7. 2011: One classic performance (six touchdowns and a 76 percent completion rate in the divisional round against the Broncos), one stinker (no TDs, two interceptions and a 61 percent completion rate in a win over the Ravens in the AFC title game) and one middle-of-the-road effort (27-for-41 for 276 yards with two touchdowns and one interception in a Super Bowl loss to the Giants) makes this a candidate for an average postseason. We took a few points off because of the safety he took early in the Super Bowl defeat. But he gets points for acknowledging he sucked in the conference championship against Baltimore.
6. 2007: This postseason marked the single finest playoff game of his career; in the divisional round win over the Jags, he was 26-for-28 for 262 yards, three touchdowns and no interceptions. Making it all the more remarkable? One of the incomplete passes was a straight-up drop. The Patriots didn’t achieve the perfect season — and there were times in the AFC Championship Game and Super Bowl XLII where he struggled — but for that one playoff game, Brady was as good as he ever was.
5. 2015: The only reason we have this one in the top 5? His performance in the fourth quarter of the loss to Manning and the Broncos in the AFC title game. It was one of the great moments of his career — with a piecemeal lineup and an offensive line held together with bubble gum and duct tape, he and Rob Gronkowski managed to keep the Patriots in this one, just falling short when a two-point conversion attempt was off-the-mark with 12 seconds left. Brady went 27-for-56 for 310 yards, with one touchdown and two interceptions, but again, this one isn’t here for the numbers.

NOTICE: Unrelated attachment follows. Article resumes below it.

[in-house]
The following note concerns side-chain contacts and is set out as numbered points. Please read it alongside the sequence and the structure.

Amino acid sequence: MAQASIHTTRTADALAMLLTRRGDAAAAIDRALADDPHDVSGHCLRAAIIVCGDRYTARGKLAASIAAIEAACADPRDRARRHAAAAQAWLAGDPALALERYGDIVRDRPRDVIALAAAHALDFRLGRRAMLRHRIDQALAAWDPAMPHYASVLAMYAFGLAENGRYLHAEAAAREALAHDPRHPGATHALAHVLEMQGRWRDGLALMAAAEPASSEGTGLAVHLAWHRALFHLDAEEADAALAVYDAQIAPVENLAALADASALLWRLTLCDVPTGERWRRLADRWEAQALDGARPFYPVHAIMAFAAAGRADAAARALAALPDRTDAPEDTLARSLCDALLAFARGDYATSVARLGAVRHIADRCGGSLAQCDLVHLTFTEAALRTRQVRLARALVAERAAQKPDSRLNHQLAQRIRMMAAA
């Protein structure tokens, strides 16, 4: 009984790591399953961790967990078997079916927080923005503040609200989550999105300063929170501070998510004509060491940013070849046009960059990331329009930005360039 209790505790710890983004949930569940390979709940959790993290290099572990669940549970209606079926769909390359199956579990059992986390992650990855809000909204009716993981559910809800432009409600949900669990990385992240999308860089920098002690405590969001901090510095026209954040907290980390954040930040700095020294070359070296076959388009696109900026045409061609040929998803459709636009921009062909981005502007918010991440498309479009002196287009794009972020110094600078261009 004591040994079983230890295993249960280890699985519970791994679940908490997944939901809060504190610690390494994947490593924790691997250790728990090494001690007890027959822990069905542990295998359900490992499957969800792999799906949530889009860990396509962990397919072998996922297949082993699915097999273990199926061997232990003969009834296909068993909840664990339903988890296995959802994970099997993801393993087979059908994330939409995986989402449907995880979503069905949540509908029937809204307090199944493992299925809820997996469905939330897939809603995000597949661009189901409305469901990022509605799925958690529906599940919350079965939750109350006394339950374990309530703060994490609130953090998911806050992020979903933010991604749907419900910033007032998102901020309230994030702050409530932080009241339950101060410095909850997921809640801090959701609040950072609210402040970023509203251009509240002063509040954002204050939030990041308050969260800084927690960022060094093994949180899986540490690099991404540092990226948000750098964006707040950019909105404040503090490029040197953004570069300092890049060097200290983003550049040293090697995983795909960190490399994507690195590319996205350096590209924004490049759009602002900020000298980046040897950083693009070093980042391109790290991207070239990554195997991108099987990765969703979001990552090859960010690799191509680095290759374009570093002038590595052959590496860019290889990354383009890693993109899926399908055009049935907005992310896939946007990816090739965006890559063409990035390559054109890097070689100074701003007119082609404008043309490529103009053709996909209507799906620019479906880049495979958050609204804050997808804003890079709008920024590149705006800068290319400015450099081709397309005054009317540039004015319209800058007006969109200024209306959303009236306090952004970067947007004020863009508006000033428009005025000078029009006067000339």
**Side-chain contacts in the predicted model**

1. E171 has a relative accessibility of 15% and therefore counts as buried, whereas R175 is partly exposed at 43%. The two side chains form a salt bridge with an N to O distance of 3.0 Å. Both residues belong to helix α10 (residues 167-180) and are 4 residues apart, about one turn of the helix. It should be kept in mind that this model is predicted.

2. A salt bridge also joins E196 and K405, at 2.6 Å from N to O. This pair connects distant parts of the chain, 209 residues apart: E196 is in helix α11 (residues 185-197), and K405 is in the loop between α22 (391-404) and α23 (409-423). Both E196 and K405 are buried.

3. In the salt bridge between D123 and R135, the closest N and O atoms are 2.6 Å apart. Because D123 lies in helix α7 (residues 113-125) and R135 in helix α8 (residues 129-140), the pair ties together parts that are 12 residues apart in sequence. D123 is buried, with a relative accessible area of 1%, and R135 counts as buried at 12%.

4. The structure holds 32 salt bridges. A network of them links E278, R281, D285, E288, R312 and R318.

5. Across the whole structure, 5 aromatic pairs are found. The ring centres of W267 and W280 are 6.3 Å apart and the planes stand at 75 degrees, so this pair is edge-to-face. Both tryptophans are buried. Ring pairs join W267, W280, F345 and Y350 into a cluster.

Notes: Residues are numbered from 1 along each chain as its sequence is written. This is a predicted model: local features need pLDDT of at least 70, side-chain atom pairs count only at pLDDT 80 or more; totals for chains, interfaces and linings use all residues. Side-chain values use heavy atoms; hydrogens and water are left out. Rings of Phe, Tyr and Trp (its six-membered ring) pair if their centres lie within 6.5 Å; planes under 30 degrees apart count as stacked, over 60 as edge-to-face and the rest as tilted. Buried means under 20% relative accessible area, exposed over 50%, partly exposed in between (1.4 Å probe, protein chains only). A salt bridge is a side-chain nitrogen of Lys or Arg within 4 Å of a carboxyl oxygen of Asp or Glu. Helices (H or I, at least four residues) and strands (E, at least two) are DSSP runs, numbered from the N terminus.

4. 2018: For Brady, the playoff numbers were good-not-great when stacked against some of his other postseasons: 85-for-125 (68 percent), 953 passing yards, two touchdowns, three interceptions. But we’re going to rank it fourth overall for two reasons: one, the job he did leading the overtime drive to beat the Chiefs in Kansas City in the AFC Championship. Masterful. And two, his fourth-quarter pass to Gronkowski in Super Bowl LIII, a beautiful throw that set up the eventual game-winning touchdown. In hindsight, that postseason should have been the period at the end of his New England career. Instead, it was Logan Ryan’s pick-6 and a wild-card loss to Tennessee a year later. Such is life.
3. 2017: The Patriots ended up losing Super Bowl LII, but Brady’s final playoff line was astounding: 89-for-139 (64 percent), 1,132 passing yards, eight touchdowns and no interceptions. That included a Super Bowl-record 505 passing yards in defeat. Honestly, if he had found a way to finish off that final drive against the Eagles, this one might have been his best.
2. 2014: In the wake of the 2016 and 2017 playoff runs, this one might actually get overlooked, but it’s absolutely transcendent. First of all, against two of the six best defenses in the game that year (Baltimore and Seattle), he was a combined 70-for-100 for 695 passing yards, seven touchdowns and three interceptions. That was wrapped around an AFC title game win over Indianapolis where he added three more touchdown passes. It ended up as ring No. 4 for Brady and the Patriots, who beat the Seahawks, 28-24, in Super Bowl XLIX.
1. 2016: Brady built to an absurd crescendo as the playoffs went along. He looked fairly pedestrian in a win over the Texans (18-for-38, 287 yards, two touchdowns, two interceptions) before a sharper performance in the AFC title game against the Steelers (32-for-42, 384 yards, three touchdowns). Then came the Super Bowl, the 28-3 comeback against the Falcons, and a final line that featured 466 passing yards, a pair of touchdowns, and a 69 percent completion rate. In the end, it was ring No. 5, another Super Bowl MVP award, and the top postseason run of an already distinguished career.
Christopher Price can be reached at [email protected]. Follow him on Twitter at cpriceglobe.